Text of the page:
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Warth v. Seldin

    Brief Fact Summary. Penfield, NY was sued by numerous parties who claimed that the city was enacting rules restricting the building of low to moderate income housing to the detriment of these parties.

    Synopsis of Rule of Law. There is a 2 part test to determine whether a party has standing to bring a claim against a government entity in the Supreme Court. The party must show that “but for” the action, the claimed injury would not have occurred AND that a favorable decision by the Court will address the injury sustained.

    Facts. Numerous parties in Penfield, New York (Penfield) contested the town’s zoning rules. Those parties argued that the rules were enacted to restrict the building of low to moderate income housing. The four main categories of parties were 1) low-income persons seeking affordable housing, 2) taxpayers from neighboring cities, claiming the lack of housing in Penfield caused their cities to provide tax incentives for the construction of similar housing, increasing the neighboring cities’ tax burdens, 3) Metro-Act, a local action group, claiming that the refusal to build low income housing prevented those with low to moderate incomes from living in the town of Penfield, and 4) real estate developers who missed out on projects for the construction of low to moderate income housing because of the zoning rules.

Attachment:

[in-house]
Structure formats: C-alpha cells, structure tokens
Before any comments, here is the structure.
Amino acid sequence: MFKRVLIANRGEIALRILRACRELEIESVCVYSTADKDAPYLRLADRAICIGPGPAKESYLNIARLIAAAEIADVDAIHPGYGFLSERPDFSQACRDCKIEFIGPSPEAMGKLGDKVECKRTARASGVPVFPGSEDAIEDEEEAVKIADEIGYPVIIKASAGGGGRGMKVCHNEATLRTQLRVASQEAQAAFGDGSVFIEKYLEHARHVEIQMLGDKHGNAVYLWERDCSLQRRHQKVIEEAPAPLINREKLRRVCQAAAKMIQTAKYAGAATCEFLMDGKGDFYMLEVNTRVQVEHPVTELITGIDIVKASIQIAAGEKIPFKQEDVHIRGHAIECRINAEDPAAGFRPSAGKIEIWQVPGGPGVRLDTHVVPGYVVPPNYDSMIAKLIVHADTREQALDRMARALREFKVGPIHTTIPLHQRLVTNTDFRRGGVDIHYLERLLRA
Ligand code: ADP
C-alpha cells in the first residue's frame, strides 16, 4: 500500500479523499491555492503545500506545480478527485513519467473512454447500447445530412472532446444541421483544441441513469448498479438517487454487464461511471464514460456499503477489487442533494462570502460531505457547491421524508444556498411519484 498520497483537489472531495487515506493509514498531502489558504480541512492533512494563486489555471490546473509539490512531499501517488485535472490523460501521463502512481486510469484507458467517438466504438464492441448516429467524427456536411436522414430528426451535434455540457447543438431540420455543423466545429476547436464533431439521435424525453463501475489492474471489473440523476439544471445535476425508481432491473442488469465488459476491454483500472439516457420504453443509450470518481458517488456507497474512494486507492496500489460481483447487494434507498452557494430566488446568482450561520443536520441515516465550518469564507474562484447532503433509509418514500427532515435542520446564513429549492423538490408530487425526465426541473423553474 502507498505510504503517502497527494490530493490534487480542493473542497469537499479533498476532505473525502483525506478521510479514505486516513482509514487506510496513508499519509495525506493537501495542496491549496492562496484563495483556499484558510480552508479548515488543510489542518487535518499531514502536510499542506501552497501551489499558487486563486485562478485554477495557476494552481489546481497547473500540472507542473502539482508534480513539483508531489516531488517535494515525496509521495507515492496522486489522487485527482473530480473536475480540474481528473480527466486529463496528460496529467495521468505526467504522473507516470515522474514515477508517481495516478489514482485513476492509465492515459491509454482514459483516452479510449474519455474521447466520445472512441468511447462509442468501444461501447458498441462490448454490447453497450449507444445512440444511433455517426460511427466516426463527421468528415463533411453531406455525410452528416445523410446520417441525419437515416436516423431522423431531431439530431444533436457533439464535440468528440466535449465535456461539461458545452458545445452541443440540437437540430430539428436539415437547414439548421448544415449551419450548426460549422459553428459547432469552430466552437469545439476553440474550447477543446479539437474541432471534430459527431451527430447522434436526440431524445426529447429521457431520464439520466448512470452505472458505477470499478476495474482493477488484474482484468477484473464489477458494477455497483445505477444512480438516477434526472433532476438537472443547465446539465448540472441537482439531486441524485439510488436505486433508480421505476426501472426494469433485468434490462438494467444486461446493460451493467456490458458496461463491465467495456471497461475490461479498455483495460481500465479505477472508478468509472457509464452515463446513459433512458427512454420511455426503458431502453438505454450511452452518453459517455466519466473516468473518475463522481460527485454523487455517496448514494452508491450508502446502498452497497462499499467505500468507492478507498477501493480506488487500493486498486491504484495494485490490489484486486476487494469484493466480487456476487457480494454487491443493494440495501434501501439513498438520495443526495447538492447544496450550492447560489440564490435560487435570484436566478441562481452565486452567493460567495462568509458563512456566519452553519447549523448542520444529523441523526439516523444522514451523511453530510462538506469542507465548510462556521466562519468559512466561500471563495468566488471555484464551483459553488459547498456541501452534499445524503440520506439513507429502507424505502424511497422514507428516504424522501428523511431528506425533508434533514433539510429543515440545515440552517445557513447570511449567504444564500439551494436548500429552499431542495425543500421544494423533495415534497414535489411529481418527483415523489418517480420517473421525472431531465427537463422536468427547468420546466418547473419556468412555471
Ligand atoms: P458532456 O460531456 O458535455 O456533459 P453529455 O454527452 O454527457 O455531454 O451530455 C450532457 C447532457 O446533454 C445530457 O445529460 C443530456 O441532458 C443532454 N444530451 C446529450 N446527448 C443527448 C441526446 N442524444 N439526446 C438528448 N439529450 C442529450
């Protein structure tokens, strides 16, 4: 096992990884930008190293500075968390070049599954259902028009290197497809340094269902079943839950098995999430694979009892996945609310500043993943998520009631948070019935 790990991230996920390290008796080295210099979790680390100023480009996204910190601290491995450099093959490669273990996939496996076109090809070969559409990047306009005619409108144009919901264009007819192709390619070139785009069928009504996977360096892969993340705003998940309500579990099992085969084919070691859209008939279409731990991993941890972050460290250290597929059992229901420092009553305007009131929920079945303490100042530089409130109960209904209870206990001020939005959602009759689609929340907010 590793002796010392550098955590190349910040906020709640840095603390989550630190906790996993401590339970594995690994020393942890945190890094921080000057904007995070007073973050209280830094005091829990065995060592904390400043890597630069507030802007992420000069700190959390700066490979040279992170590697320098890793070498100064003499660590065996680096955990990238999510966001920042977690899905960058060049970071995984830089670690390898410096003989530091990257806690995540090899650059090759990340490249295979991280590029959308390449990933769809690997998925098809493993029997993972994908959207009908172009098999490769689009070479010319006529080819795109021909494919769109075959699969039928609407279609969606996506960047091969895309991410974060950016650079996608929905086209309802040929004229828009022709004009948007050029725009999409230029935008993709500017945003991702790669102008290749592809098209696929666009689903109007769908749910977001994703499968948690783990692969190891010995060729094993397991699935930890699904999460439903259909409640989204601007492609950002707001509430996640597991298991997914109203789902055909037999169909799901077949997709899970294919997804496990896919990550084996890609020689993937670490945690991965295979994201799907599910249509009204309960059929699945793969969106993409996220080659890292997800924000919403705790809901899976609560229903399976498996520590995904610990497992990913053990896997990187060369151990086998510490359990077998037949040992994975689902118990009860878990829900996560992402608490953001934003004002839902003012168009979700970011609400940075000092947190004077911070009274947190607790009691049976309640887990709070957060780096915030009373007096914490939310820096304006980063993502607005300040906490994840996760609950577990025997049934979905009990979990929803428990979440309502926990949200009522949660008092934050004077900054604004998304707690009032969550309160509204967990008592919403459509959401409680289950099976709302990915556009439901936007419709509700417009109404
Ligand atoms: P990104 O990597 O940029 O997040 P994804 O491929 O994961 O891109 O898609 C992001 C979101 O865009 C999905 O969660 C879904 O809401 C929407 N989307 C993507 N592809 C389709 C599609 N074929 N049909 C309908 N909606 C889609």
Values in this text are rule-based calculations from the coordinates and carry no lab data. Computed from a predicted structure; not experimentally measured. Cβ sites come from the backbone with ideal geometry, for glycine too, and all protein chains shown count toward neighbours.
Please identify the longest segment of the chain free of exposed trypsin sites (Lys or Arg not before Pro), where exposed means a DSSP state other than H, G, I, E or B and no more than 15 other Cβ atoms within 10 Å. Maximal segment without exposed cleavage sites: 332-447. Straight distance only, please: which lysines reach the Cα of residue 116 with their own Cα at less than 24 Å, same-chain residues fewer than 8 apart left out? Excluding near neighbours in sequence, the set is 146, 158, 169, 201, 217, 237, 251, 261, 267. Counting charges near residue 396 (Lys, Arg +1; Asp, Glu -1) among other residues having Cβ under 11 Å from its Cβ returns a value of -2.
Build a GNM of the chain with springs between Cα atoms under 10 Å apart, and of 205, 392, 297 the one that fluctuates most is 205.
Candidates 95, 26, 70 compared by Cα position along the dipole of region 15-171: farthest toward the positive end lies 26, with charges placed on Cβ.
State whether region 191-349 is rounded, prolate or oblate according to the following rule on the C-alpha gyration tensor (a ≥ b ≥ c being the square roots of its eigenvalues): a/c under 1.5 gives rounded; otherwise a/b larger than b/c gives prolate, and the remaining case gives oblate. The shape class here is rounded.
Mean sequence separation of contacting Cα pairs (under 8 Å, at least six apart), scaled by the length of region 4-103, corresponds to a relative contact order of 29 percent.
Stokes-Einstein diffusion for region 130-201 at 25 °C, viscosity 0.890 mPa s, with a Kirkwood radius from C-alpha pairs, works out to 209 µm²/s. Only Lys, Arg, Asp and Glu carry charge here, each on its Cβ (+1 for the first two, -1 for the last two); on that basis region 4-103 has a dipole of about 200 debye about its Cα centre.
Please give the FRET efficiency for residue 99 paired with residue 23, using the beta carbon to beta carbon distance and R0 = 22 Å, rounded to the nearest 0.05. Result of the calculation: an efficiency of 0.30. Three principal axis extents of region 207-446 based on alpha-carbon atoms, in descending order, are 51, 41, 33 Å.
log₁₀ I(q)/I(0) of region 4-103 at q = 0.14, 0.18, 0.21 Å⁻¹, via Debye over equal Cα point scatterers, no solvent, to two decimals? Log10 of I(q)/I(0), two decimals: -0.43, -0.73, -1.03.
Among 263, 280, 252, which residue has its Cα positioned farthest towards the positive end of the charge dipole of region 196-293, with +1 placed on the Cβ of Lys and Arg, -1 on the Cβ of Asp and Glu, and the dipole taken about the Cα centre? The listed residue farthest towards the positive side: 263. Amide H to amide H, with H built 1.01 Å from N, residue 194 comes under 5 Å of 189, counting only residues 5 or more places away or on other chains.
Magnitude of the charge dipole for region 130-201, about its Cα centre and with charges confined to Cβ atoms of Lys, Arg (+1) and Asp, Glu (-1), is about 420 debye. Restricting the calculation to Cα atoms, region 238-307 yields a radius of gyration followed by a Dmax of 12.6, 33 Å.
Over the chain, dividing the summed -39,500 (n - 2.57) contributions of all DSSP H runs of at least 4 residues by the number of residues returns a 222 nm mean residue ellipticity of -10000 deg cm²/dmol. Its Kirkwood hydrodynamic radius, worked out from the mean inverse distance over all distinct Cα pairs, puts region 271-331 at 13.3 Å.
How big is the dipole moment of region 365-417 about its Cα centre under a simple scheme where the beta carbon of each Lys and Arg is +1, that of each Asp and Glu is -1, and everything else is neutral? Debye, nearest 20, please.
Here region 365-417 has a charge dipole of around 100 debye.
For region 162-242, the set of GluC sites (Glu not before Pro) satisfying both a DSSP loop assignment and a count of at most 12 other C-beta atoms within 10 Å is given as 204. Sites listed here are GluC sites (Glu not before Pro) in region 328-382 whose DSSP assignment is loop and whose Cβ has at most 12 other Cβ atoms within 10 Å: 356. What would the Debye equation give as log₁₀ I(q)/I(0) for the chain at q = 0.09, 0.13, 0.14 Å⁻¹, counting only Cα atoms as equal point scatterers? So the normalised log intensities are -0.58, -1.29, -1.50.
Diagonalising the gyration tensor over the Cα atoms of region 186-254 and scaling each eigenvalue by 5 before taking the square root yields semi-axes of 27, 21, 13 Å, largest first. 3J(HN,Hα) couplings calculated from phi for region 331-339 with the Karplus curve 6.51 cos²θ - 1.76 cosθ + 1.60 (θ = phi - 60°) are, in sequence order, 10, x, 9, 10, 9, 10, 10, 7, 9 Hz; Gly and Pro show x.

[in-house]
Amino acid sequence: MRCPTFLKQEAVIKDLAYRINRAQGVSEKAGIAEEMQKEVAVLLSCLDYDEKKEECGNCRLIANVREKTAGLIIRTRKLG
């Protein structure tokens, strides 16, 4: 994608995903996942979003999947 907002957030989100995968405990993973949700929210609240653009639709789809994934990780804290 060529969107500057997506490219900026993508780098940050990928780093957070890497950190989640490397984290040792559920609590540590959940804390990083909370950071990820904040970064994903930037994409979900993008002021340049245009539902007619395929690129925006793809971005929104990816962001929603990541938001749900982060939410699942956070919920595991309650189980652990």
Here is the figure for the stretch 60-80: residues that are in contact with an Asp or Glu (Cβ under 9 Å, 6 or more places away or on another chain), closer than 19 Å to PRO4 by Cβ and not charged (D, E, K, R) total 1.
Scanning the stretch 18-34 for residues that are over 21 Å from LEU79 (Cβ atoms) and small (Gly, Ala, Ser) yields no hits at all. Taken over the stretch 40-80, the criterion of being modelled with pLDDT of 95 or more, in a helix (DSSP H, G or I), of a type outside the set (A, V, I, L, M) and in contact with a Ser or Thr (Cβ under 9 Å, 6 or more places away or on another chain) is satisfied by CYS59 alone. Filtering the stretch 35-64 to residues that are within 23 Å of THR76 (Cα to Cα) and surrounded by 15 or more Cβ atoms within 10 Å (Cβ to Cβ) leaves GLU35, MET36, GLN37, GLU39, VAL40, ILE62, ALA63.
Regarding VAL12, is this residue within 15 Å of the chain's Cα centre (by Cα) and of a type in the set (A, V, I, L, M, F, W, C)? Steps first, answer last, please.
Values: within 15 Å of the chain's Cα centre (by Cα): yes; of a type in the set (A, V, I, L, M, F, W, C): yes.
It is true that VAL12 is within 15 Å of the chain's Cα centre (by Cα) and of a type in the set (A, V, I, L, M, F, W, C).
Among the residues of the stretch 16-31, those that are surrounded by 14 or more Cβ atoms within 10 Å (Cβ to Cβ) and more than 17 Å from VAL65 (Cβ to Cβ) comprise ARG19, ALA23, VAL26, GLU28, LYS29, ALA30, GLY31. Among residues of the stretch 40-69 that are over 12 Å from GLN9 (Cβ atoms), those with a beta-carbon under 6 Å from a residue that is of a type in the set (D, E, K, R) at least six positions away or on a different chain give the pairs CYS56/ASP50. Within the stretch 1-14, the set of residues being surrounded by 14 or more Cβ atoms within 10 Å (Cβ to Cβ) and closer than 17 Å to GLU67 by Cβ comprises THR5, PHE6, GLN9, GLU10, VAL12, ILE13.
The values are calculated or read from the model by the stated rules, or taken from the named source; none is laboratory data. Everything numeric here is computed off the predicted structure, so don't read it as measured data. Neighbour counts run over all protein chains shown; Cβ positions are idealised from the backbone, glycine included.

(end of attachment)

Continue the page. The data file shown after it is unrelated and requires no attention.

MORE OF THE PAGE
Issue. Have the zoning rules in Penfield, NY caused the injuries of which these plaintiffs complain and if so, what is the remedy?

    Held. None of the plaintiffs have standing to bring this action against the city of Penfield, NY. None of the plaintiffs provided evidence sufficient to show that “but for” the city’s zoning rules, their respective injuries would not have occurred. Further, any redress of potential injury was too vague and not sufficiently concrete to meet the applicable standing requirements.

    Dissent. Lead by Justice William Brennan (J. Brennan), the dissent did not agree with the majority’s ruling as to the evidence necessary to demonstrate causation. The dissenting judges strongly disagreed with the majority’s requirement that the plaintiffs show that a specific project had been blocked by the zoning rules. They felt that it was sufficient that the town would not approve any low to moderate income housing projects. The dissent also argued that the plaintiffs only needed to show a reasonable probability (as opposed to a substantial probability) of redress to establish standing.

    Discussion. The Supreme Court applied a two-part test in analyzing the standing doctrine’s causation requirement when pursuing a claim against a government entity. First, the moving party must demonstrate that “but for” the challenged action, there would not have been an injury. Second, the plaintiff(s) must show that a decision by the Court will redress the injury. Whether the probability of redress must be reasonable or substantial is determined on a case by case basis.


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